Other entries remain stubs. The Georgian-language entry on inflation has 113 words. By comparison, those that read English can find an article that is more than 80 times as detailed, with over 9000 words, describing causes as well as methods of controlling inflation. With inflation in Georgia running at 12% per year, the issue matters for most families. Macroeconomic teaching and research on inflation in Georgia could be complemented by making information on the issue available to all.

Wikipedia in the region rests on the work of few contributors. When it comes to Admins, the entire Caucasus contingent would fit on a mid-sized bus: 14 in Azerbaijan, 11 in Armenia, six in Georgia, five for Megrelian, and two for the Abkhaz language. 

When things are easy to improve, they should not ever be complained about. Wikipedia squarely fits into that category. Any user can help to add information, as long as it is well-documented with a reliable source. One would hope that universities get more engaged, too, to encourage lecturers and students to add their micro-contribution to knowledge – arguably the most fruitful assignment as it serves the world, not just a single assessment.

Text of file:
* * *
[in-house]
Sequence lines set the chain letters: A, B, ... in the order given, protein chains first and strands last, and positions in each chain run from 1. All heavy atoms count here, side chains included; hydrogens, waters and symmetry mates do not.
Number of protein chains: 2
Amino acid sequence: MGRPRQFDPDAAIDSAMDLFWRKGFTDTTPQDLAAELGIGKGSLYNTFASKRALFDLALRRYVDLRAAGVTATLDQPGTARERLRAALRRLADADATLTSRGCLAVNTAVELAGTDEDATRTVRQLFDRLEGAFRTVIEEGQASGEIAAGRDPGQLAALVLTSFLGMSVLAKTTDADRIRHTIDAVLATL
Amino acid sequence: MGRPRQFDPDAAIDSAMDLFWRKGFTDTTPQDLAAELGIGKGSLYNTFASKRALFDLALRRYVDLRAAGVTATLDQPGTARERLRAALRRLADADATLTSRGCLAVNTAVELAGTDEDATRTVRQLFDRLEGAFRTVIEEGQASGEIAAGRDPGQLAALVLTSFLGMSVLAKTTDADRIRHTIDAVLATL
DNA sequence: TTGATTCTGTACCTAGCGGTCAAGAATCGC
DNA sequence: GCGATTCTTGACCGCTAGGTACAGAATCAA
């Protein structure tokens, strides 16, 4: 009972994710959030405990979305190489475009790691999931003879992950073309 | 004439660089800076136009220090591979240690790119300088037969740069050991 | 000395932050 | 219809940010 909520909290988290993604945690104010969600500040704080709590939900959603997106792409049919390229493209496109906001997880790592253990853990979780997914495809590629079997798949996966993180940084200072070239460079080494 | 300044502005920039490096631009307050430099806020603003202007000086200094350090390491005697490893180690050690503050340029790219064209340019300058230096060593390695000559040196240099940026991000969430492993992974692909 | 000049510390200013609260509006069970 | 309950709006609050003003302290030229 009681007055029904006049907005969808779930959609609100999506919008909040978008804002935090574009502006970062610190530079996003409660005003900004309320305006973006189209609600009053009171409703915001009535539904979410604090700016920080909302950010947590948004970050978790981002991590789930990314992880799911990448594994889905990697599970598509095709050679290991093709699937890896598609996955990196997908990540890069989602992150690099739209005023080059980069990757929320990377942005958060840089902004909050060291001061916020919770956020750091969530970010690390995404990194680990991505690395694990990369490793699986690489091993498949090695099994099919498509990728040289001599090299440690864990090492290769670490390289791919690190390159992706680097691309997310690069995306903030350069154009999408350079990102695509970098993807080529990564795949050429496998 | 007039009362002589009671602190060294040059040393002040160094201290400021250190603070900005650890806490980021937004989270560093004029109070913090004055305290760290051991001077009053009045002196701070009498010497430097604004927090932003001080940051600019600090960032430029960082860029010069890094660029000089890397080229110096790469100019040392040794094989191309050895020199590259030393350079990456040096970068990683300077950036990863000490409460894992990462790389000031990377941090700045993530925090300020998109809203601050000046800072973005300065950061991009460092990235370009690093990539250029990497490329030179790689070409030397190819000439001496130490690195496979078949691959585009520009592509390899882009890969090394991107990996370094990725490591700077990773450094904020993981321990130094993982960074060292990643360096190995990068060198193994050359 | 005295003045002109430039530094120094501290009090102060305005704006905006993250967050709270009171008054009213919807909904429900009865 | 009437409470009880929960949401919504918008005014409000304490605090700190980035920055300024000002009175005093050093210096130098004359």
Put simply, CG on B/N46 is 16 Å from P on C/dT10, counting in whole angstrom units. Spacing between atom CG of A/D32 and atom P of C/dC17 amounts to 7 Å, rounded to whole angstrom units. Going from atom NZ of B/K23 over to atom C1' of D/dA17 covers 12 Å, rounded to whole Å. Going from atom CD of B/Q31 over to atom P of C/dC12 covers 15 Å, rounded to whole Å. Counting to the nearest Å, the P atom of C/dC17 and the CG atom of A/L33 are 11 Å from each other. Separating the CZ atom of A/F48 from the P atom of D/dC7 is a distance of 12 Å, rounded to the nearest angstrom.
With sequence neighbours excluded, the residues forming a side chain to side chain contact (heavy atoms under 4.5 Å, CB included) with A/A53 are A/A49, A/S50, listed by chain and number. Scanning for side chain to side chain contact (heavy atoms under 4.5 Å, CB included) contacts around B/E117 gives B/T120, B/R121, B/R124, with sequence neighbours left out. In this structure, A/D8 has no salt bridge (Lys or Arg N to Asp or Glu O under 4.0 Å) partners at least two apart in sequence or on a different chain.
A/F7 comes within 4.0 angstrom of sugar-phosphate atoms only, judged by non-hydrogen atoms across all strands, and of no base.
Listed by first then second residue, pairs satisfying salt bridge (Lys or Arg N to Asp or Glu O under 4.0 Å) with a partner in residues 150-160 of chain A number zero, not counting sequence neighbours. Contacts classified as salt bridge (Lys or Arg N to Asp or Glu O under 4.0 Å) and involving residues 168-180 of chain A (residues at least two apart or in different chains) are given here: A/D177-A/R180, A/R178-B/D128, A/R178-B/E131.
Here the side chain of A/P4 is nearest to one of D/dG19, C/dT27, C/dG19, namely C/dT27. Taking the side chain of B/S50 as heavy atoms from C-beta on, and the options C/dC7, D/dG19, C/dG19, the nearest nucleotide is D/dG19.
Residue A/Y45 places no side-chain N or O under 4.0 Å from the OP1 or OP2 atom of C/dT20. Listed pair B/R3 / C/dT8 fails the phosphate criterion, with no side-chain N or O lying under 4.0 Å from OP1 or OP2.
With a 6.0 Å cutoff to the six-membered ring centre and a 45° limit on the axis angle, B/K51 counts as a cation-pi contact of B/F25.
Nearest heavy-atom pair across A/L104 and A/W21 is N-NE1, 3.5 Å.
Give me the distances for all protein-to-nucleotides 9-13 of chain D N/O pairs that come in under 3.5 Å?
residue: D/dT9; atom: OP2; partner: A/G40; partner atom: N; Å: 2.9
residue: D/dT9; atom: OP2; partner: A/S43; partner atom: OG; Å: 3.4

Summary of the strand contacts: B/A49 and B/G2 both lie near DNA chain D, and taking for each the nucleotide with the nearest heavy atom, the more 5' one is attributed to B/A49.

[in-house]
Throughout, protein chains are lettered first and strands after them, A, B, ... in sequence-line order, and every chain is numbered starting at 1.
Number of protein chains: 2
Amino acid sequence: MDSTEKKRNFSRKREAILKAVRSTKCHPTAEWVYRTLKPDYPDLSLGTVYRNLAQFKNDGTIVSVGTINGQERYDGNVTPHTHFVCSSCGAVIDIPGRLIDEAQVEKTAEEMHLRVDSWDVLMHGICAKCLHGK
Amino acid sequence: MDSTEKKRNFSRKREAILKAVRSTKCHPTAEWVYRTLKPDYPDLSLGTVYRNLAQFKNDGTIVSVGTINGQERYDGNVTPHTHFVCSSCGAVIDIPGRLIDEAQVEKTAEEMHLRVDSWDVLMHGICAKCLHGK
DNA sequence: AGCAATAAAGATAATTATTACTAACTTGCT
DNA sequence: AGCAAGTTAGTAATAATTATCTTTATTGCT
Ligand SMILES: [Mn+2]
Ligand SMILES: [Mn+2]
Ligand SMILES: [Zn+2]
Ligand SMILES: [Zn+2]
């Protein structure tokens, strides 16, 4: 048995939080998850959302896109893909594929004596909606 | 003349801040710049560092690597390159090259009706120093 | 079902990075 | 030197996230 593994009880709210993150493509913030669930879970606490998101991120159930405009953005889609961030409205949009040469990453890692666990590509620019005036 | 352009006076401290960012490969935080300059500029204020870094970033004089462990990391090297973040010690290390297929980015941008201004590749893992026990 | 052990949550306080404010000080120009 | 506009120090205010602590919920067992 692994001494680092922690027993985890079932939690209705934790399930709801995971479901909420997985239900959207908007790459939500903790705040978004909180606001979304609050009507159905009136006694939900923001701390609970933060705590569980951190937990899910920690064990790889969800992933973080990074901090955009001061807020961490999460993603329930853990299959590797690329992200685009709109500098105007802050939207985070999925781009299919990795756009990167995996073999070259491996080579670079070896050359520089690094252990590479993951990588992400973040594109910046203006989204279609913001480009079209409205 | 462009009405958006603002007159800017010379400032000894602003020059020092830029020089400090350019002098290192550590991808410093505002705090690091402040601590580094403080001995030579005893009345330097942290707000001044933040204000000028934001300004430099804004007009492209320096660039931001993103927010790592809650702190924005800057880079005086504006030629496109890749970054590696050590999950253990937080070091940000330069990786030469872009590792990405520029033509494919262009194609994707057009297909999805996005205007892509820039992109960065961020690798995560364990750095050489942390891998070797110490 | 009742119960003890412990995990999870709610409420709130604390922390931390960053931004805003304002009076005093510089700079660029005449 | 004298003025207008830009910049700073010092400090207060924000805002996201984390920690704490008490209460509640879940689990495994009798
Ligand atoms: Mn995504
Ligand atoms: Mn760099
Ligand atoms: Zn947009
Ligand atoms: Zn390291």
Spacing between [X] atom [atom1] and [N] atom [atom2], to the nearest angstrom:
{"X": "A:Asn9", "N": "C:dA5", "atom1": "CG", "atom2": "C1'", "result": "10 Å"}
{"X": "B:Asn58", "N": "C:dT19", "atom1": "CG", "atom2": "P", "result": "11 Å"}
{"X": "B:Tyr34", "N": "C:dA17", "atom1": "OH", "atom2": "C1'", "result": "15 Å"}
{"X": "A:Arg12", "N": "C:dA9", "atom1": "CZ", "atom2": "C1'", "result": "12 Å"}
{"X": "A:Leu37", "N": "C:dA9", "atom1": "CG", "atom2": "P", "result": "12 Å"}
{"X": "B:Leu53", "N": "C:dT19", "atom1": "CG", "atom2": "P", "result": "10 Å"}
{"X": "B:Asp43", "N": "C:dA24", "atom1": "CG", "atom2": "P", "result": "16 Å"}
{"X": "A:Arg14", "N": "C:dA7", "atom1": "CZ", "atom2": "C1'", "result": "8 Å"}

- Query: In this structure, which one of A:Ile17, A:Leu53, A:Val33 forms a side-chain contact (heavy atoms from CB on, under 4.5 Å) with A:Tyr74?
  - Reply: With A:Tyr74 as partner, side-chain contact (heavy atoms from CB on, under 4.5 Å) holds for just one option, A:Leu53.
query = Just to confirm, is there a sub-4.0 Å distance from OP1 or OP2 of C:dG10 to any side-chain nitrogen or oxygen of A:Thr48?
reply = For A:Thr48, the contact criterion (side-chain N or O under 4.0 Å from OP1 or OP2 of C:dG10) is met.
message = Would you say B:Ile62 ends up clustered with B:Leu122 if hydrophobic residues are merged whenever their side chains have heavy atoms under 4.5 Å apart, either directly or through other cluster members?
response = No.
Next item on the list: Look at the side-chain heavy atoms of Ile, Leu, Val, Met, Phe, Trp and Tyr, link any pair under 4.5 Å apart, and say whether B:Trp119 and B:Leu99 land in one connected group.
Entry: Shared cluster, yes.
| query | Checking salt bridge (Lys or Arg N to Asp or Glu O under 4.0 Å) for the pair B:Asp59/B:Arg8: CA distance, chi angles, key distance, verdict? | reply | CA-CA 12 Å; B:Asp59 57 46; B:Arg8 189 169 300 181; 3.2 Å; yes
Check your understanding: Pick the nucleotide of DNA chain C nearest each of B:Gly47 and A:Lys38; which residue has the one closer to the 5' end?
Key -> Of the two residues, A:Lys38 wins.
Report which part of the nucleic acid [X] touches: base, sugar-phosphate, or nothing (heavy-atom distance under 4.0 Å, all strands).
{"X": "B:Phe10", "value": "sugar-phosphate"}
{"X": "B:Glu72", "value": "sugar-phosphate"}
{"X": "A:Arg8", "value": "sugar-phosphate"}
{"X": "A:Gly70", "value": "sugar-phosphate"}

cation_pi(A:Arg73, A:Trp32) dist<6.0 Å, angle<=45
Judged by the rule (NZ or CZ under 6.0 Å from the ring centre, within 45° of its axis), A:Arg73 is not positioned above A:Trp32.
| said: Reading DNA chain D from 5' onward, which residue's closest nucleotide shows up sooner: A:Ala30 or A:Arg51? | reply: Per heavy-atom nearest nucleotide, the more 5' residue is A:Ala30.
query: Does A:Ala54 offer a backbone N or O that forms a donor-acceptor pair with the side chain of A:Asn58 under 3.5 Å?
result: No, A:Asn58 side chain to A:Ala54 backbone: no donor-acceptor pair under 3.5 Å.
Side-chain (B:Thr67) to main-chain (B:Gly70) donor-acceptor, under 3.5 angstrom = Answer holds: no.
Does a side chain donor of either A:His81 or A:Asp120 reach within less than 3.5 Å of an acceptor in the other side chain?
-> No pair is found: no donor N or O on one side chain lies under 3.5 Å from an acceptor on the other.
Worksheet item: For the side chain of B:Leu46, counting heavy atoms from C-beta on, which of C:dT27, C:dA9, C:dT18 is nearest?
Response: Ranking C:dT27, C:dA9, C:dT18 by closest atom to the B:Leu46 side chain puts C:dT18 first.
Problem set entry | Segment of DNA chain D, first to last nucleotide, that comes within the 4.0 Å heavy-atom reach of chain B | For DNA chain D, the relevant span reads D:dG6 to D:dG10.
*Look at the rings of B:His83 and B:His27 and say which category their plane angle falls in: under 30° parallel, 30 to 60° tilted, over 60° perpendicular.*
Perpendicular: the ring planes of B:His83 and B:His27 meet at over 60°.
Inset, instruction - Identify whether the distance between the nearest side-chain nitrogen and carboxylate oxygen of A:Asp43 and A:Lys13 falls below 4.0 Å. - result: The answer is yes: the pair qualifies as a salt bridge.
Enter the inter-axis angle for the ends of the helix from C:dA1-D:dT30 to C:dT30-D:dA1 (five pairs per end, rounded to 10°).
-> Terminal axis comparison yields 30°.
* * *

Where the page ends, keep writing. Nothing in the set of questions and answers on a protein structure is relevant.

Wikipedia, as it turns out, does not just hold information – it also holds information about information, in telling us what is of most interest. In this way, it opens yet another window onto Georgia and onto the world. 

This article was written by Hans Gutbrod, who teaches at Ilia State University. Hans was previously the Regional Director of Caucasus Research Resource Centers. This analysis is based on a presentation at the CRRC methods conference in June 2023. For a regional comparison, see this article on EurasiaNet. The author extends a special thanks to Giorgi Melashvili for pointing out how to retrieve the listings. The full list is here. The views presented in the article are the author’s alone, and do not necessarily reflect the views of CRRC Georgia or any related entity.